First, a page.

Saturday, December 31, 2011

Embassy Protest Yields Results

I am pleased to report that the Republic of the Congo has responded to orders from the District Government and requests by the ANC and the Dupont Circle Citizens Association to remove the concrete covering of the public space in front of the former Toutorsky Mansion. The Embassy felled trees, uprooted shrubs and paved over the building’s front yard.

The Congo recently purchased the Toutorsky Mansion, a local landmark and contributing structure of the 16th Street Historic District, for use as its Embassy. The building is a graceful brick structure built in the 1890s for Justice Henry Brown of the Supreme Court. Later it was a music school and then a Bed and Breakfast. Under DC law, front lawns are city property, but Embassy properties are considered foreign soil and exempt from District law. Knowing this, neighborhood officials, including the ANC, had specifically requested that no changes be made to the historic greensward. The sale was approved by the Board of Zoning Adjustment’s Foreign Missions Department only after the Congo agreed.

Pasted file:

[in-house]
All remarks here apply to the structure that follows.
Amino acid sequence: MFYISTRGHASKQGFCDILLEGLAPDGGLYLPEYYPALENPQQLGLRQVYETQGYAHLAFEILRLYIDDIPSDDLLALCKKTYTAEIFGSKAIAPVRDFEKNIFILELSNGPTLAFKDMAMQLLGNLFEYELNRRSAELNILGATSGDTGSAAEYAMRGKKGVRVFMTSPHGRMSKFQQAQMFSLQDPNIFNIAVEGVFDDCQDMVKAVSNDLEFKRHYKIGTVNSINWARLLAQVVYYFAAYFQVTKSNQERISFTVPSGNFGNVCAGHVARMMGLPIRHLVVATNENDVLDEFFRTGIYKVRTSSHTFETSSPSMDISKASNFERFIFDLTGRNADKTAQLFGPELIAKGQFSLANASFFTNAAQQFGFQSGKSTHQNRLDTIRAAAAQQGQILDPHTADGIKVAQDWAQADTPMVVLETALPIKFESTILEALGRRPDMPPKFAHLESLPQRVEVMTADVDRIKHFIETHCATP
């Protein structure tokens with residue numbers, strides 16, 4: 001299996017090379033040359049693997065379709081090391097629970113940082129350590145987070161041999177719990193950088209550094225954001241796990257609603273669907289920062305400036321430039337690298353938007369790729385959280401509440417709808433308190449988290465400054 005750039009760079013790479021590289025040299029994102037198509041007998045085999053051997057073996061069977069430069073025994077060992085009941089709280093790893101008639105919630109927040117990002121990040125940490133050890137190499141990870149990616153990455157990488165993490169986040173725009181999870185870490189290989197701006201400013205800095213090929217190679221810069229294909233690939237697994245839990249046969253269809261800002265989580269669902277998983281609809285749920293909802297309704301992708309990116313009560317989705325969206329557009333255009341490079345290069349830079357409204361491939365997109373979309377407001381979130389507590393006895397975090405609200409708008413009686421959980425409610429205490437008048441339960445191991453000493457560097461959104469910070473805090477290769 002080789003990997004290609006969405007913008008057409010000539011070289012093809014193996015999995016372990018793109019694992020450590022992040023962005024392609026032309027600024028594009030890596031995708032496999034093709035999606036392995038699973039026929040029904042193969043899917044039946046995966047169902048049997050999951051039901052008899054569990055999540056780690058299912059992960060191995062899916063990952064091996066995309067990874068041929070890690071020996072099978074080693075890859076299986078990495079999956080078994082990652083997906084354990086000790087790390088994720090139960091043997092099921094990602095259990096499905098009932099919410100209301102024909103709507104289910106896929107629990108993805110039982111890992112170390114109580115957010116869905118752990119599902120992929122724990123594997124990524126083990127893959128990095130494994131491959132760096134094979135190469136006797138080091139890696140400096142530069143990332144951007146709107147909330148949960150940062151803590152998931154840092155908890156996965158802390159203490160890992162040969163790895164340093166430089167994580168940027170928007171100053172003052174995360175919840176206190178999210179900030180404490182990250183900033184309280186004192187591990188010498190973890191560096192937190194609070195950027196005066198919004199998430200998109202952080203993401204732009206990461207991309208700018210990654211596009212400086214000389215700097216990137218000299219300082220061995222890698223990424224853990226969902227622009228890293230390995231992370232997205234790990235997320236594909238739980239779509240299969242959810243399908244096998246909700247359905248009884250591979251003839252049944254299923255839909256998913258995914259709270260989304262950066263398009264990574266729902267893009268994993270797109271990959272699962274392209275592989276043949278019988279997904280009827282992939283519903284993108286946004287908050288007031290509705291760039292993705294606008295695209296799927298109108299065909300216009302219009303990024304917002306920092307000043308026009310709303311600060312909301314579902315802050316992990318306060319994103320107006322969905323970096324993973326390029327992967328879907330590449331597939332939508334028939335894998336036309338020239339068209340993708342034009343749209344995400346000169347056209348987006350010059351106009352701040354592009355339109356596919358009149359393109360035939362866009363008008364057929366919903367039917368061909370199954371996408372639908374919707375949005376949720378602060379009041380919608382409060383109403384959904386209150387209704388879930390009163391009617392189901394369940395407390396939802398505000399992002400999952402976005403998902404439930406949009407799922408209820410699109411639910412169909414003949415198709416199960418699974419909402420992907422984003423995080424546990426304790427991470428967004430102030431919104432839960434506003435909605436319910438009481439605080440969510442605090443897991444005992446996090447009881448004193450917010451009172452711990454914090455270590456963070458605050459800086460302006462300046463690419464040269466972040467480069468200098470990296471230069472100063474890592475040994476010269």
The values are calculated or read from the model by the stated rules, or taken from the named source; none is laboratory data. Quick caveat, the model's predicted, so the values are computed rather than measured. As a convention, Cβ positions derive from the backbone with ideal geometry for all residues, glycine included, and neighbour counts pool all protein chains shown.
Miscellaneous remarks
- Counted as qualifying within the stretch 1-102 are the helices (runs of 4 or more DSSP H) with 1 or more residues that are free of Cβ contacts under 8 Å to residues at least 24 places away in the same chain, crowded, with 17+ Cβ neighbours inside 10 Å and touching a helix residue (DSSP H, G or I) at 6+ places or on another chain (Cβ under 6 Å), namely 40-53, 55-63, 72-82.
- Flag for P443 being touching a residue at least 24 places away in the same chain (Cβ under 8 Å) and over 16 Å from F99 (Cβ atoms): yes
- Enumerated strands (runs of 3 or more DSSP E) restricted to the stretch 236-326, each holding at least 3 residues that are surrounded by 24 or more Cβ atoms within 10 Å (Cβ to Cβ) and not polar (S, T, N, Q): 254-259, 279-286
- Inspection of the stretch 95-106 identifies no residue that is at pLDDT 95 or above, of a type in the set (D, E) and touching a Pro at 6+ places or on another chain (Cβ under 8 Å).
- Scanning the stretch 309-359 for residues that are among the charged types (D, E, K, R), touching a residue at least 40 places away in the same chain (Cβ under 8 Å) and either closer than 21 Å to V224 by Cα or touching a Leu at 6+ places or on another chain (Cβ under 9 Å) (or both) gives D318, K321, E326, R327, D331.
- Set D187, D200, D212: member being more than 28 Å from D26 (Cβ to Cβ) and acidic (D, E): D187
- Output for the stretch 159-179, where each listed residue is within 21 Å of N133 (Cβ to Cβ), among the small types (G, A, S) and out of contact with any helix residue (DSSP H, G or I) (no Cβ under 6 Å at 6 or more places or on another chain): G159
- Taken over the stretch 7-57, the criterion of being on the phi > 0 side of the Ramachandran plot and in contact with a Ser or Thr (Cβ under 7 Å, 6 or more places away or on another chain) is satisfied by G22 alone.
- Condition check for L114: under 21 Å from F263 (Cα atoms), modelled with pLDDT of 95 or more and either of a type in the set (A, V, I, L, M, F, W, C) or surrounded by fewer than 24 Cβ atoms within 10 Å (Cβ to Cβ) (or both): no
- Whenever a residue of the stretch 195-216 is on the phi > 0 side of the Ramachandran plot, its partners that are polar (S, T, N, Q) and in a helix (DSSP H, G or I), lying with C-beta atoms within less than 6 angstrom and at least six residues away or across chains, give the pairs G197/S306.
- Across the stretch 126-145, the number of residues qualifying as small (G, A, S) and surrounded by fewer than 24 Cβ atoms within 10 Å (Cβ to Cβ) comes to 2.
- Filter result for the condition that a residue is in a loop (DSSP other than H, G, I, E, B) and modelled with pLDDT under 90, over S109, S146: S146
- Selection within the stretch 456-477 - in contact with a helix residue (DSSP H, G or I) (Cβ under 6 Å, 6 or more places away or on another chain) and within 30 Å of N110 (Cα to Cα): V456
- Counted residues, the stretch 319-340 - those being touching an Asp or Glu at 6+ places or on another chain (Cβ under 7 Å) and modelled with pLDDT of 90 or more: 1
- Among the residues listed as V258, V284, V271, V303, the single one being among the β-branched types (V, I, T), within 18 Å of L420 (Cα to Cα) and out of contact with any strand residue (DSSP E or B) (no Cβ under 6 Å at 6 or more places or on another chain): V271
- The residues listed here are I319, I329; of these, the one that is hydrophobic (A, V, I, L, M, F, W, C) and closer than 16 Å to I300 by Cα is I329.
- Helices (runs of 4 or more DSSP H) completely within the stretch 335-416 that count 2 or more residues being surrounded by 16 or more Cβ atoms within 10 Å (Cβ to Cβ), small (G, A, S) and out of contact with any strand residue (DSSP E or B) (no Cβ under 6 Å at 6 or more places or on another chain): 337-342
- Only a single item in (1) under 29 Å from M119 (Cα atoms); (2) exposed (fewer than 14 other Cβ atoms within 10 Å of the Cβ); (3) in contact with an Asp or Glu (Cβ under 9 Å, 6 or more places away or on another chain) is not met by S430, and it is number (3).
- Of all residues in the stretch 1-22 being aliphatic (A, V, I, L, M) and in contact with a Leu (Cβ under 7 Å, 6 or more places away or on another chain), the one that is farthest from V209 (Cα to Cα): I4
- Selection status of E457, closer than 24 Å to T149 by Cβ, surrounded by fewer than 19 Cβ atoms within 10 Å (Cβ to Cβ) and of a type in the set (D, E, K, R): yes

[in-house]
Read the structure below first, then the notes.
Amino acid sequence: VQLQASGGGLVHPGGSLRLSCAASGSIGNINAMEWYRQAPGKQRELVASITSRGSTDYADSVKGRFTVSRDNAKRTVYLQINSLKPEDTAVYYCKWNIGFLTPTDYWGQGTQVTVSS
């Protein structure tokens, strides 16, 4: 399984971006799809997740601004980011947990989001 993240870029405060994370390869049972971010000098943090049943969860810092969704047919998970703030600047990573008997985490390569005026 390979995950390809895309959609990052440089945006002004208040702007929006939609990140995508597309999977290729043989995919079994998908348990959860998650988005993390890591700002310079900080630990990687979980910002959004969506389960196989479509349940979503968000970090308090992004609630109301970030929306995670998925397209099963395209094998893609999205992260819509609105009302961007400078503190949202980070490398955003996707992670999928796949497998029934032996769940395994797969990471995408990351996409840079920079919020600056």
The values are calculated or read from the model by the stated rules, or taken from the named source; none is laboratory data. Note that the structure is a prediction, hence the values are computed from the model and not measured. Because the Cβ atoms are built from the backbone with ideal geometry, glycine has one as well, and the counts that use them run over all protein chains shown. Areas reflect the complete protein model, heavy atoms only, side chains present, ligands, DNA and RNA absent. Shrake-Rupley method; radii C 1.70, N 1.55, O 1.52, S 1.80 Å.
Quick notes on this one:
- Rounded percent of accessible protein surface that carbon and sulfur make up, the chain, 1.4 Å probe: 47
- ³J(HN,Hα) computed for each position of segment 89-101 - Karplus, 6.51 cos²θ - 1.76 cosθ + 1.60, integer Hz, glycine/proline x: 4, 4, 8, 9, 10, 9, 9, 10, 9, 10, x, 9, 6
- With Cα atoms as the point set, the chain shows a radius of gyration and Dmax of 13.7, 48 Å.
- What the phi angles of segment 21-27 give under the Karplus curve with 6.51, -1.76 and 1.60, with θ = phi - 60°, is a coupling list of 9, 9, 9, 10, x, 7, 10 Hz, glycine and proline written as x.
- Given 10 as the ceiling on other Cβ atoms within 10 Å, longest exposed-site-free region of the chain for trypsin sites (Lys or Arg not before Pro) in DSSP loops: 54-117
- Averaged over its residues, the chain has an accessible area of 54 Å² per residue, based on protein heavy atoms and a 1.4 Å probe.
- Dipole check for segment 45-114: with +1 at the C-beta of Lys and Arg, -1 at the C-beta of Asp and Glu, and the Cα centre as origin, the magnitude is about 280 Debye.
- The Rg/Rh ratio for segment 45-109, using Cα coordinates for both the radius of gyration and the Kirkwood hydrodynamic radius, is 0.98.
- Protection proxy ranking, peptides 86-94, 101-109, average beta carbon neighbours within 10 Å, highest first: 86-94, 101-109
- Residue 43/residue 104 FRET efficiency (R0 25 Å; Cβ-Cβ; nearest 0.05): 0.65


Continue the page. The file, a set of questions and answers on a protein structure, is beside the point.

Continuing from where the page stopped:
DDOT has asked the Embassy to restore the landscaping after removing the concrete surfacing. When you walk past the property you will notice the removal of the concrete, so it is now ready for restoration of the landscaping.

I want to thank my fellow Commissioners, the Dupont Circle Conservancy, and the Dupont Circle Citizens Association for preserving our public space along 16th Street, otherwise known as the Avenue of the Presidents.